Archive for Wednesday, September 19, 2012

Siemens to lay off 146 at Hutchinson plant, citing tax credit, natural gas prices and economic slowdown

September 19, 2012


HUTCHINSON — Citing a “perfect storm of factors,” Siemens Wind Energy said Tuesday that it will cut 146 workers at its Hutchinson turbine manufacturing plant, and more than 450 staff in Iowa and Florida.

The company will retain 152 workers in Hutchinson. The laid-off workers will be paid until Nov. 19, said company spokeswoman Melanie Forbrick. They also will receive an additional four weeks of pay, job search counseling and up to $5,000 toward retraining.

The cuts come after months of warnings by executives in the wind industry that the likely expiration of the federal production tax credit on Jan. 1 would mean a plunge in demand that would likely force layoffs.

As wind farm developers rushed to get projects built under the tax credit this year, Kansas saw its single biggest year for new wind turbines, as capacity nearly doubled to 2,600 megawatts.

The tax credit provides 2.2 cents per kilowatt hour of subsidy and has become a high-profile political point of contention between fiscal conservatives and wind power supporters in Congress and in the Obama administration.

Utilities are also moving toward natural gas, which has dropped in price because of the oversupply created as horizontal drilling and fracking led to the recovery of more gas.

The wind-energy industry projects that demand will fall about 90 percent from an artificially high 6,000 turbines installed in 2012 over the next two or three years, Forbrick said.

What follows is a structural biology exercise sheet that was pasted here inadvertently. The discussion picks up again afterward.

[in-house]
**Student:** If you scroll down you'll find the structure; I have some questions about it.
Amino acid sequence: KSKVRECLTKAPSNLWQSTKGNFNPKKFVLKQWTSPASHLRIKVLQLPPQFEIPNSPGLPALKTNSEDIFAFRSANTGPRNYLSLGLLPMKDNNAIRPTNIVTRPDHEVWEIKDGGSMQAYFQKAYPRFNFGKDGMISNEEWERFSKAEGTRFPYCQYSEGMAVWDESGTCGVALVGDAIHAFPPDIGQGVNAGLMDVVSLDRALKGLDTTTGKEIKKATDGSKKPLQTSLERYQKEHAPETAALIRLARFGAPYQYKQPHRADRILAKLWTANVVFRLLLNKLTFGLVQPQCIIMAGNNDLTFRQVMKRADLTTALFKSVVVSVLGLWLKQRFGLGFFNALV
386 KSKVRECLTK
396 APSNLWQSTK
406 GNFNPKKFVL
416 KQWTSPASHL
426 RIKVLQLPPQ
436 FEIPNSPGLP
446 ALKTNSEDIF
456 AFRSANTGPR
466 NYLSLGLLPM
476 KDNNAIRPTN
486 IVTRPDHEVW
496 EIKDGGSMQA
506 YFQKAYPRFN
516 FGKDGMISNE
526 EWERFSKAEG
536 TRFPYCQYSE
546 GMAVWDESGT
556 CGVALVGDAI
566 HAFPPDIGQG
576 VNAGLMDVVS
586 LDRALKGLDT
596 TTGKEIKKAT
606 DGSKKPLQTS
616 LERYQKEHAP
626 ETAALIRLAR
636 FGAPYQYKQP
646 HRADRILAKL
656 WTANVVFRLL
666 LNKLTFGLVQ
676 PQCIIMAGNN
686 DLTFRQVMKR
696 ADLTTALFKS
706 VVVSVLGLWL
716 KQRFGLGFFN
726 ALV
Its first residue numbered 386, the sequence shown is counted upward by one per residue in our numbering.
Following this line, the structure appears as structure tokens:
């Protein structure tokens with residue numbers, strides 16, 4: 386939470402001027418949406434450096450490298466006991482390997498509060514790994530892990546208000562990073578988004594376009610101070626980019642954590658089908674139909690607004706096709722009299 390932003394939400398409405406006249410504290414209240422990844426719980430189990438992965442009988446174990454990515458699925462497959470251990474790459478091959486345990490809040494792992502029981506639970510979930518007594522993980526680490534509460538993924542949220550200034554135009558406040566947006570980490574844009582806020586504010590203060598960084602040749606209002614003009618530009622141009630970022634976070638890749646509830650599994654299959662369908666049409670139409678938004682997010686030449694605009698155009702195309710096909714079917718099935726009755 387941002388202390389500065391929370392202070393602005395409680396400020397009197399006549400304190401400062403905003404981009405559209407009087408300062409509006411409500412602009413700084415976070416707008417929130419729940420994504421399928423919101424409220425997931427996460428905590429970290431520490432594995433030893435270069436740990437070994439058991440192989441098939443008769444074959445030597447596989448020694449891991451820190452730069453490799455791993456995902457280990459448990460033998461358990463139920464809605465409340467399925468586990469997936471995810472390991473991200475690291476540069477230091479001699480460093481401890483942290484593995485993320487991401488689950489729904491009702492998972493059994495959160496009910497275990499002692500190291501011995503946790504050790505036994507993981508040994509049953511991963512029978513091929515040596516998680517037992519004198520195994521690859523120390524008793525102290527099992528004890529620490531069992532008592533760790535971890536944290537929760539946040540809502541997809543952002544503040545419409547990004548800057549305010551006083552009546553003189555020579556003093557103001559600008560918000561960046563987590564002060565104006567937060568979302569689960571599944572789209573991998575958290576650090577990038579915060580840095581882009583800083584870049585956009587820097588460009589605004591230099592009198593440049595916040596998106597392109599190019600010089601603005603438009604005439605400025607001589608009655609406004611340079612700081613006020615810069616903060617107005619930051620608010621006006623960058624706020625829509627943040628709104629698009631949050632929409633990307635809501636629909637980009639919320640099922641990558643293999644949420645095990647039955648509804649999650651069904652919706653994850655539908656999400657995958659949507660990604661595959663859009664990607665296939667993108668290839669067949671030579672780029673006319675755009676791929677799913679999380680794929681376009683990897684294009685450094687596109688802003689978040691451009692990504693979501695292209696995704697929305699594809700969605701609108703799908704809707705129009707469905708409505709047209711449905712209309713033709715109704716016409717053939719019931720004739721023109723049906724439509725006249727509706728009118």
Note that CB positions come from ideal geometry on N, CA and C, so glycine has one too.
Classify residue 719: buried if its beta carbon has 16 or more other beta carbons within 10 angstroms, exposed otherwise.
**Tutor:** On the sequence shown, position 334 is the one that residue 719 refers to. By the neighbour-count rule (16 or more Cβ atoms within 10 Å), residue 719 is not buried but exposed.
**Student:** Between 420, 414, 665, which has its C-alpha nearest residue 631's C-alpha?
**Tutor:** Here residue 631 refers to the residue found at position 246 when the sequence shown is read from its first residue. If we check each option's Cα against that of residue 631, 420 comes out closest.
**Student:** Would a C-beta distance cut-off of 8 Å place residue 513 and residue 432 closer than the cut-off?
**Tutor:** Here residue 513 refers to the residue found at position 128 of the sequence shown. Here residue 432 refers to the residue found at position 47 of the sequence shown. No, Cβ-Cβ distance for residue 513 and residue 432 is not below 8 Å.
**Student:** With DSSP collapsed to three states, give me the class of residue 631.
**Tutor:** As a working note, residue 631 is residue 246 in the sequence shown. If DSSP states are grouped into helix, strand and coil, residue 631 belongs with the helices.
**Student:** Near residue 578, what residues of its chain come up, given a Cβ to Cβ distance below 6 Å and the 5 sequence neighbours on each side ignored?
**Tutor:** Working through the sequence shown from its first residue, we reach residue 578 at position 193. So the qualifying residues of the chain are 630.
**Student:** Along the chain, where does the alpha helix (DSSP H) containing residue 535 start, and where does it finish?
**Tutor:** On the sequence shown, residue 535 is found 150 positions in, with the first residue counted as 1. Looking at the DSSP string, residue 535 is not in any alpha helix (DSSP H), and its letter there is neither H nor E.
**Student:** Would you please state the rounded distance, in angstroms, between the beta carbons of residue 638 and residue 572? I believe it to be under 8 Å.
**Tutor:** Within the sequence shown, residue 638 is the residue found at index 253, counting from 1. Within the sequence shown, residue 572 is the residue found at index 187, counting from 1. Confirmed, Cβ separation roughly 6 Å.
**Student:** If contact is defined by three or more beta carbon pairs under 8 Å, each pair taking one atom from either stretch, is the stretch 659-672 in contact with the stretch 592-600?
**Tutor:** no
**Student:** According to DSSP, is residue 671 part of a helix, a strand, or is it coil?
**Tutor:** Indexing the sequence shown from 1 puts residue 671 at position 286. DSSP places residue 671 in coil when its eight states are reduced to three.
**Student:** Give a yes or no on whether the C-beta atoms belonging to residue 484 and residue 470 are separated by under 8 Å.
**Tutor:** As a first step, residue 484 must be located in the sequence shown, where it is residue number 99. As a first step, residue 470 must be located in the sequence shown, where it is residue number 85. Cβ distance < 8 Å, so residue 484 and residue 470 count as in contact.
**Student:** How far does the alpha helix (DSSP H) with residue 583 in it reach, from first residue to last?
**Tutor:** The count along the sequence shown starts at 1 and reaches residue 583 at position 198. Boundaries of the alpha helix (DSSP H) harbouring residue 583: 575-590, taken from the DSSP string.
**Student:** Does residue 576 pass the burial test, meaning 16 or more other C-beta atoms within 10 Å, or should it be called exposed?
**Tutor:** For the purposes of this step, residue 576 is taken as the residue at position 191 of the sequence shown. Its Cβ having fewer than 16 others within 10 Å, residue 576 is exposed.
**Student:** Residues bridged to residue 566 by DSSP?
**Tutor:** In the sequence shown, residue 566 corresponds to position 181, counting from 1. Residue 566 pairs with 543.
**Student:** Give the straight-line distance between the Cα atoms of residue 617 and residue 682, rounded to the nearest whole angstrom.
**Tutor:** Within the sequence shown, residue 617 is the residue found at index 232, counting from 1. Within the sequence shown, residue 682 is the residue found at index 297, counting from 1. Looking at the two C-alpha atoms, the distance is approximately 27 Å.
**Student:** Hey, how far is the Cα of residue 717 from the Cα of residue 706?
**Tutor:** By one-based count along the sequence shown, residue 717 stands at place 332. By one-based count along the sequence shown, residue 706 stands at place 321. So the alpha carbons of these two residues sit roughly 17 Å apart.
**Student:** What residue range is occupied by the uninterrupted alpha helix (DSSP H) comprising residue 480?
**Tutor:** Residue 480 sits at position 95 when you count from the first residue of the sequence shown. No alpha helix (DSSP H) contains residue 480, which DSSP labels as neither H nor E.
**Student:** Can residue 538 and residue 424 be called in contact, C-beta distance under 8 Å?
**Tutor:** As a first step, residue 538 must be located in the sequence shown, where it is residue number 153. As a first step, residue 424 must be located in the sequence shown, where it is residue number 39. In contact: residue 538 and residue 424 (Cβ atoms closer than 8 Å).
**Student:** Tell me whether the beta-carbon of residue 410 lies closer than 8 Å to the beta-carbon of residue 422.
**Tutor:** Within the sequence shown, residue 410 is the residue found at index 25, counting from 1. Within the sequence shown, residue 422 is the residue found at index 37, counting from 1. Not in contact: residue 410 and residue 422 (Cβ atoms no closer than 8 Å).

“The PTC (tax credit) brought this artificial peak, and on top of that, gas prices, which are traditionally projected at $4 to $5 per million BTUs, have stabilized at about $2 per million BTU and, of course, the economy is still lagging,” Forbrick said. “So it’s a perfect storm of events beyond our control.”

But Forbrick said Siemens believes in the long-term future of wind power. The industry expects construction to rebound later in the decade to a more normal level of about 2,000 turbines per year, not including the tax credit and with only slightly higher natural gas prices.

The company has spent $100?million in recent years building manufacturing capacity in the United States, Forbrick said, and thinks the business remains a good one in the longer term.

The company overall is cutting about 615 of its wind energy workforce of roughly 1,600. The turbine blade plant in Fort Madison, Iowa, will lose about 400 workers, and the headquarters in Orlando, Fla., will lost about 60 workers, Forbrick said.

“These decisions are never easy, but the adjustments are necessary,” Forbrick said. “We are committed to the business and committed to wind power and think the industry will rebound in the long term.”

Rep. Tim Huelskamp, R-Fowler, who represents Hutchinson, didn’t back down Tuesday from his opposition to the production tax credit. He blamed the layoffs in part on gas prices and the economy.

“Job losses are a heart-wrenching and all-too-common occurrence in this weak Obama economy,” he wrote.

As far as the production tax credit, he said, long-term prosperity would be best served with an even-handed tax policy, rather than having one form subsidized.